2006 may go down in history as the year that music subscription sites came to the forefront. What began with Napster’s efforts to retool itself as a real business has turned into a business model for almost all of the major services. Yahoo, Rhapsody, Microsoft and AOL have focused their efforts on subscriptions after failing to lure people away from iTunes with cheap tracks–and you may be surprised to learn that these services offer great deals. The idea of paying another monthly charge can be difficult to swallow, but for DJs, buying music online vs in store can be worth its weight in gold.
Progress: It Comes at a Price
Where pricing is concerned, the playing field for music downloads is pretty level. Most of the major services, such as Napster and Rhapsody, charge roughly $10 per month for the lowest tier of service, and they charge slightly more for on-the-go options that allow you to load songs to your portable device. By keeping a plan active for about three years, you can save hundreds of dollars.
However, there’s more to learning “where can I buy mp3 songs” than just price. For example, if someone else in your house owns an mp3 player, the plan should accommodate everyone. Some services allow you to load multiple players, while others offer more limited options. A DJ or serious audiophile will want tracks with a high bitrate, and not all services offer them.
Finding New Music
With all the choices that are out there, you may end up feeling a bit lost among all the new artists. Thankfully, many services offer help with the discovery of new music, and online radio stations play tunes of a specific genre. If you hear something you like, it’s simple to add it to your library, and some services allow you to create playlists based on genres and artists you like.
Unlike most of its rivals, Music Now does not need client software; all you need is a web browser, and you can play any playlist or track in the site’s entire catalog. You’ll be able to listen anywhere, and music videos are a great add-on, as is the XM radio section. Unfortunately for you DJs, you can’t remotely access your stored music. Napster is right up there with the best, offering an accessible, easy-to-use interface and a long list of features.
If you still like to buy your tracks from an mp3 music store, you’re not locked into using iTunes. Sony Connect, BuyMusic and other sources sell single DRM tracks, with prices of up to .99 per song and $10 per album. eMusic sells unrestricted mp3 files that you can copy, burn and transfer to other players, but you have to subscribe and your per-month downloads are limited.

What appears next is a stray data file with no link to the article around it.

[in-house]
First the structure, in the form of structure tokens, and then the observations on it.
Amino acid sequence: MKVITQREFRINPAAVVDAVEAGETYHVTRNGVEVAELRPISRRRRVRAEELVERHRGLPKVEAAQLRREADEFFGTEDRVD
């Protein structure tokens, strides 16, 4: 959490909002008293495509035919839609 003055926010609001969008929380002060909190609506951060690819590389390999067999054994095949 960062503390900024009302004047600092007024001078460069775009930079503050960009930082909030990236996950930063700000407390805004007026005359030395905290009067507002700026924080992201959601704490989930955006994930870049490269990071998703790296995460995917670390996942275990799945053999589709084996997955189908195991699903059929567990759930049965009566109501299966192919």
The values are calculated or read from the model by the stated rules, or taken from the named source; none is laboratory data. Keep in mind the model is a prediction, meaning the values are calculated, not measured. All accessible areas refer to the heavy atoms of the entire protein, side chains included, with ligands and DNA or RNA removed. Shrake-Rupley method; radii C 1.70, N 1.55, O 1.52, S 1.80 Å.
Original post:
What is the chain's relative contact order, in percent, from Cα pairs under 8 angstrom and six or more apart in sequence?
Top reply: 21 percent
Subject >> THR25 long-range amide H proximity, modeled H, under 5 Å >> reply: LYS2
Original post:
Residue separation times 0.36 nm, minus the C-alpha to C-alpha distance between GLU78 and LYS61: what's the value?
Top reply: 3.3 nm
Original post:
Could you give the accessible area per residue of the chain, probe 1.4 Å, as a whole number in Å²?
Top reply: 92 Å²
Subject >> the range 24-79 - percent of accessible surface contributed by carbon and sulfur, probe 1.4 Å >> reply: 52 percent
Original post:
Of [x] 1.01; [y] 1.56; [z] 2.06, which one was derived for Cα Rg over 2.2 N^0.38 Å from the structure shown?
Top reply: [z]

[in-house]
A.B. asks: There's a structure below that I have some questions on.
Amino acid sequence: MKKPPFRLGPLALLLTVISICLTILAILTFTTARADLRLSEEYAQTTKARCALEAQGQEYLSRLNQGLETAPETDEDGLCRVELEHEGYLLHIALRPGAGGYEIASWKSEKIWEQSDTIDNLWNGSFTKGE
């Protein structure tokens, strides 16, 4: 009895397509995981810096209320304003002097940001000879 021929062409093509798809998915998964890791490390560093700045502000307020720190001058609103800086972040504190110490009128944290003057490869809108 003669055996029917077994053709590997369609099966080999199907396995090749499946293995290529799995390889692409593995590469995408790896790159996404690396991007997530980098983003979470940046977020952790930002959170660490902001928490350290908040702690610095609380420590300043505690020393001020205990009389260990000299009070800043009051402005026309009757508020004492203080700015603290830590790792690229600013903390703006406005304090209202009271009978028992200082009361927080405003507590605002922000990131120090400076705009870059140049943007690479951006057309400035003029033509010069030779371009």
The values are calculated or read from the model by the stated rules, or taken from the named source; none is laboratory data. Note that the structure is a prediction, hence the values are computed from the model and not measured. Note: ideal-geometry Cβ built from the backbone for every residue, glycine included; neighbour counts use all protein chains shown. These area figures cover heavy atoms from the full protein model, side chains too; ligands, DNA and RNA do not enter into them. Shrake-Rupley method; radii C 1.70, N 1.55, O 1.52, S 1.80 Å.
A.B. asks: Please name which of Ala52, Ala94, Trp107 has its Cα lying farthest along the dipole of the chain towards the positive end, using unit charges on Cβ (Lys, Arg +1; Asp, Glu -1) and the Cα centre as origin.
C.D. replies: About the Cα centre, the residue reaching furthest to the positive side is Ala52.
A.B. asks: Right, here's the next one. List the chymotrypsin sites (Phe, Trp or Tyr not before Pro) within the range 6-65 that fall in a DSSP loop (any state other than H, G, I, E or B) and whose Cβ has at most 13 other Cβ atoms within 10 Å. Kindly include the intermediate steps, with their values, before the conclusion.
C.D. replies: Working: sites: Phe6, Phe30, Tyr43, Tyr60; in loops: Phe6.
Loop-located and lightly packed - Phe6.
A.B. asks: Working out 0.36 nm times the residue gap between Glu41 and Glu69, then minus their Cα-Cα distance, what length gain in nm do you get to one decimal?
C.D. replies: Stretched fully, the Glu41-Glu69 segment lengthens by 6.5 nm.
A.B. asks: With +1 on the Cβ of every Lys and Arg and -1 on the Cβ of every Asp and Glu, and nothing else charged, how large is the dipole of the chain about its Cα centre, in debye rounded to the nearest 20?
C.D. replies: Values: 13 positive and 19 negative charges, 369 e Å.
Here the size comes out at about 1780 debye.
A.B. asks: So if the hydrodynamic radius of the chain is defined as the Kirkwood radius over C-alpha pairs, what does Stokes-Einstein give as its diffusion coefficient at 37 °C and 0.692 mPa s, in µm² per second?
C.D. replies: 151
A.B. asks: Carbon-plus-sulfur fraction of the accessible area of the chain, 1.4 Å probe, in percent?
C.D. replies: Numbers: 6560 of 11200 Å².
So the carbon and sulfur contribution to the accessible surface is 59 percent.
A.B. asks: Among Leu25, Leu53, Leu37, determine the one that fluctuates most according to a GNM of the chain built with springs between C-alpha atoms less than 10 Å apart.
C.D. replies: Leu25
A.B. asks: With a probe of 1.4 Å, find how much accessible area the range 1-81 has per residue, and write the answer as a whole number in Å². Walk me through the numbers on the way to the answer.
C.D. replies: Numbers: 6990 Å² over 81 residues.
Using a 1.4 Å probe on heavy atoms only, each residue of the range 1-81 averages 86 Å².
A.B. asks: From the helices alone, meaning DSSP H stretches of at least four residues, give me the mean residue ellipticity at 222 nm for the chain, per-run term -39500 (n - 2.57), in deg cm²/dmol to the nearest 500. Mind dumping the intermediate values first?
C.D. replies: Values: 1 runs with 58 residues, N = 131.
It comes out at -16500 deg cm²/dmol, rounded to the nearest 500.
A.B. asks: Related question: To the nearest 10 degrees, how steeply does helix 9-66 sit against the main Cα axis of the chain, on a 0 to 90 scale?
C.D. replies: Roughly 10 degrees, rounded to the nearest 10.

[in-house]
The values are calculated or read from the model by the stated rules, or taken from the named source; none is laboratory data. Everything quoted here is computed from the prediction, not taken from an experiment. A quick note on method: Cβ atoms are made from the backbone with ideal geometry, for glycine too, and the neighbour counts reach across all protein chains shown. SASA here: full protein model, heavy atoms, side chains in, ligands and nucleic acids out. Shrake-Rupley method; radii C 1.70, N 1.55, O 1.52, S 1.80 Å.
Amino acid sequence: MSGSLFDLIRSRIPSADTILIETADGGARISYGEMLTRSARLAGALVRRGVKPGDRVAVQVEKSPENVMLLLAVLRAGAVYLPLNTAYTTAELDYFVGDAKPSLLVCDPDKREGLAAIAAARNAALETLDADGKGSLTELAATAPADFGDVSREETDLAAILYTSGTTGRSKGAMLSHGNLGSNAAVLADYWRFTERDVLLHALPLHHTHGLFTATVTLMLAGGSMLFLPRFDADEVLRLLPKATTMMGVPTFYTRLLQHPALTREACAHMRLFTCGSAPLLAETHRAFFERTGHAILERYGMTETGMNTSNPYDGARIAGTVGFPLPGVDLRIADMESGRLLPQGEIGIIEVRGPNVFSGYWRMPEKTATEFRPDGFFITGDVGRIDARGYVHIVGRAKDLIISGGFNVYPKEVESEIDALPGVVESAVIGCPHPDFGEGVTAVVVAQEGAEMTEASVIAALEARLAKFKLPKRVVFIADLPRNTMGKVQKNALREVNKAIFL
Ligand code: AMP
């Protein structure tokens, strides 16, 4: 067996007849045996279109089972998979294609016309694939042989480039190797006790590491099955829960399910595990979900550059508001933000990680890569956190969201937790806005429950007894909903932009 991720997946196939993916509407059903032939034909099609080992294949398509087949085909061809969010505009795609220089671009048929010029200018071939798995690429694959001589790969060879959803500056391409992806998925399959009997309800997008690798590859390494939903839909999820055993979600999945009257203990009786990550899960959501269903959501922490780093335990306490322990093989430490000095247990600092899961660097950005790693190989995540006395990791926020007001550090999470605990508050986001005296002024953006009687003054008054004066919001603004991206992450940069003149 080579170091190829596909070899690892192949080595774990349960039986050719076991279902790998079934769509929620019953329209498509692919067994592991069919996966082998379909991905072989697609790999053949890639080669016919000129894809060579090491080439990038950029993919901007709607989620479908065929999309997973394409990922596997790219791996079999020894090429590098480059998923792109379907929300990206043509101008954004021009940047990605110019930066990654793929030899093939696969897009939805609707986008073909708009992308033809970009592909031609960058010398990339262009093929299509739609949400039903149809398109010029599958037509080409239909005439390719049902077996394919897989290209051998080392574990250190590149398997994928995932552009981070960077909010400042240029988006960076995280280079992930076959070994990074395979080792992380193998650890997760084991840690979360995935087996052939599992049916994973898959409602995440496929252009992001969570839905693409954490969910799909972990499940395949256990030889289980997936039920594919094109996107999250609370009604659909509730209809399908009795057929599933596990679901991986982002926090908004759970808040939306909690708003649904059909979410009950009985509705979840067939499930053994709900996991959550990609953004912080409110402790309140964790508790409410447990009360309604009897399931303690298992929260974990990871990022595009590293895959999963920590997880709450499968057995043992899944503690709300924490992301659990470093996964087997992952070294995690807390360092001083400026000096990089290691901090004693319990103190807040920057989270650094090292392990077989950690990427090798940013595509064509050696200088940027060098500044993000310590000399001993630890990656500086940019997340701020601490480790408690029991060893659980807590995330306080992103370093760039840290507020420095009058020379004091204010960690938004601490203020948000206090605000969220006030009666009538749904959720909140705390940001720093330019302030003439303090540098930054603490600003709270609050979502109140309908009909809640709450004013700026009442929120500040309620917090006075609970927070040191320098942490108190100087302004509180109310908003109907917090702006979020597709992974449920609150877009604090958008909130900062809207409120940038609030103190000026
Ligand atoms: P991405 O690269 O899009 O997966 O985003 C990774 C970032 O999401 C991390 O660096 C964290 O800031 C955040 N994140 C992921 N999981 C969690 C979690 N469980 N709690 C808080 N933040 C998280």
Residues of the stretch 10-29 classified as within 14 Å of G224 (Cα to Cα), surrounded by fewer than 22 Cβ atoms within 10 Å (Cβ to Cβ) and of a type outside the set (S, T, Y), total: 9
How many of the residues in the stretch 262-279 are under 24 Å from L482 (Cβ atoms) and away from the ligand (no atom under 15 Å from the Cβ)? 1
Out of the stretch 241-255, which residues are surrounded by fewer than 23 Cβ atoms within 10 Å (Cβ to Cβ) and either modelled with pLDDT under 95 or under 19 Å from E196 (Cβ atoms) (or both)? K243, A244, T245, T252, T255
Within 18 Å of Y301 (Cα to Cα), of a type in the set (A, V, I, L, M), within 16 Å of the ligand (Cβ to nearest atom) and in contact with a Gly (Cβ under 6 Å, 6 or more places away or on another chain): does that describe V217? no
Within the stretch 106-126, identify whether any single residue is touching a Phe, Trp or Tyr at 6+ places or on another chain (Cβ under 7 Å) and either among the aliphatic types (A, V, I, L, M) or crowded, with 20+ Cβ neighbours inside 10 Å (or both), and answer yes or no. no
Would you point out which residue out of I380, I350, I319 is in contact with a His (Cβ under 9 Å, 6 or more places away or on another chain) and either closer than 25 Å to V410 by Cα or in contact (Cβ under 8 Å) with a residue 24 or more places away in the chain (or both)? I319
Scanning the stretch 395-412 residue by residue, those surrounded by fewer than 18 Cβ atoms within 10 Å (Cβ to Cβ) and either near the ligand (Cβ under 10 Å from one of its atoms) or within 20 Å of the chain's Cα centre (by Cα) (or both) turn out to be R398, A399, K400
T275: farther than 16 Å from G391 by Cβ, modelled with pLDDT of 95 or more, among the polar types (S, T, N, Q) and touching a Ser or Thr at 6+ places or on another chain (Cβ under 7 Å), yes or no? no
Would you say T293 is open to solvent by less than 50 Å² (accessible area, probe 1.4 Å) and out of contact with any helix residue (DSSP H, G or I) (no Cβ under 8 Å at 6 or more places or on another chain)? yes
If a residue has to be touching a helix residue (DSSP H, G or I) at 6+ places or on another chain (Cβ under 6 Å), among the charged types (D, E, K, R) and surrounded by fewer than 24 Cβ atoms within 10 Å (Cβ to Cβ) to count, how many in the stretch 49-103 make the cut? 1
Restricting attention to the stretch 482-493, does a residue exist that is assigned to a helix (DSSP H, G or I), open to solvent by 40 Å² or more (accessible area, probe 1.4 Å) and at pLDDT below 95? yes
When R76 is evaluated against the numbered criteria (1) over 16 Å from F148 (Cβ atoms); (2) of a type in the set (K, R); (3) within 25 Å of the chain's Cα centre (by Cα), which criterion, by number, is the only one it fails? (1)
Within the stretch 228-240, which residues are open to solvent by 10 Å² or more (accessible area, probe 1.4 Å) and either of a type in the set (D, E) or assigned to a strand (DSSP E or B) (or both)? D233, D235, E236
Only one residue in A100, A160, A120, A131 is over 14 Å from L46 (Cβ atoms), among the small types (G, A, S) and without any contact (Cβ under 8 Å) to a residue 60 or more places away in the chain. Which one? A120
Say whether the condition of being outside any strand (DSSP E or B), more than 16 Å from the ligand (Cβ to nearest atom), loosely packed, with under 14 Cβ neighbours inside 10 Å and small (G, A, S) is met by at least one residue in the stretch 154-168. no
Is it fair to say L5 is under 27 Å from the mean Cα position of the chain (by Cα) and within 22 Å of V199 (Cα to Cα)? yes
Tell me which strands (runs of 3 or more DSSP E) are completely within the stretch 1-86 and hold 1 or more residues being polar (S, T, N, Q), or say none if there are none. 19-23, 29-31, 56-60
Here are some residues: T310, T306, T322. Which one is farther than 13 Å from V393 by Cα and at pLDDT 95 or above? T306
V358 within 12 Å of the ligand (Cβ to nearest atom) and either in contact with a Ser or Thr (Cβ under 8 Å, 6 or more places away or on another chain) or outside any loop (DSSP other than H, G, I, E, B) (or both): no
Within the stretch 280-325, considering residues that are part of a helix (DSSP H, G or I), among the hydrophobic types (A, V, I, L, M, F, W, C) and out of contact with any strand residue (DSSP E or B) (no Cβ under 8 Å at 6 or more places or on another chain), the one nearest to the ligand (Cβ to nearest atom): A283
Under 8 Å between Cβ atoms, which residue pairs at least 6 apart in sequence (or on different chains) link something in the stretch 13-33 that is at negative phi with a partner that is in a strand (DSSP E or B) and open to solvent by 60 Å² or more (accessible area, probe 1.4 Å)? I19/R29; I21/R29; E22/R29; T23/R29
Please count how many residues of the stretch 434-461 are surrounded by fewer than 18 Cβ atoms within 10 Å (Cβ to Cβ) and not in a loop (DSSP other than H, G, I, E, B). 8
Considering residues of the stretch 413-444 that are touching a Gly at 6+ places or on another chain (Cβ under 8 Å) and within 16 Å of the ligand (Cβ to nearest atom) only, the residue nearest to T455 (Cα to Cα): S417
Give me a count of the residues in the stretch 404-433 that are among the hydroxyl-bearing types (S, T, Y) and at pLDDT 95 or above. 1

With many online music subscription services sharing the same basic premise, it can be difficult to make the right choice. All of the major players have a trial period, with some lasting up to a month. Before signing on, make sure to try a few services–you’ll be thankful that you did.
Learning how to DJ is hard enough, but figuring out how to work the room with your sound and your programming is another thing entirely. While learning to DJ has no hard-and-fast rules, the tips below are based on years of real-world experience. Read on for some advanced DJ techniques that will help you make your live performances more electrifying.
Practice Makes Perfect
Going into a set with only a slight idea of what you’ll play usually creates confusion–and it’ll undoubtedly lead to a half-baked DJ set. You’ll likely see that accomplished DJs have all spent many hours perfecting and polishing their sets. We’re not advising you to plan every minute of every set, but you should learn DJ techniques for beginners before you perform. Take some time to find tracks that go well together, and make playlists to use in the future. Create different playlists for different kinds of gigs, and remember that it takes time to find tracks that blend together seamlessly.
Be a Little More Flexible
As a DJ, you don’t always have to take requests; you can go with your own style and set list. However, playing multiple styles of music is a great way to gain more gigs. There are numerous different kinds of events and clubs, and every crowd is different–a good DJ will find tracks from their collection that work for every group.
Learn About Your Audience
Before you step out onto the stage to perform, learn about your audience. It’s about more than finding out what they like and then playing it–you’ll need to know the approximate room size, a rough estimate on attendance, and the evening’s general “vibe”. By doing so, you’ll be aware of your time slot and you’ll know what kind of mood your audience will be in when you take the stage. Empathy is a big part of DJing, and the most successful DJs take the time to get to know their audience and the types of sounds that resonate with them.
Go Easy on the Effects
While it’s the artist’s choice whether or not to use effects, we recommend that you go easy on them at first. Many of today’s DJs use sound effects to ease transitions from one album to another and to enhance the overall performance; neither practice is bad, but DJ tech tools can easily become a “crutch” to be leaned on. Use EQ and levels to add interest before turning to sound effects, and when you finally do drop an echo, it’ll have more impact.
Don’t Forget Your Backup
As a DJ, you probably know that things can go wrong when you least expect them to. For that reason, it’s a good idea to bring along backup music in a variety of formats. If you’re in love with vinyl, bring CDs; if you’re into CDs, bring a few drives full of mp3 files. Those who use laptops should ALWAYS bring vinyl and/or CDs as backup, and an mp3 player full of your latest mixes can come in handy when a source fails mid-set.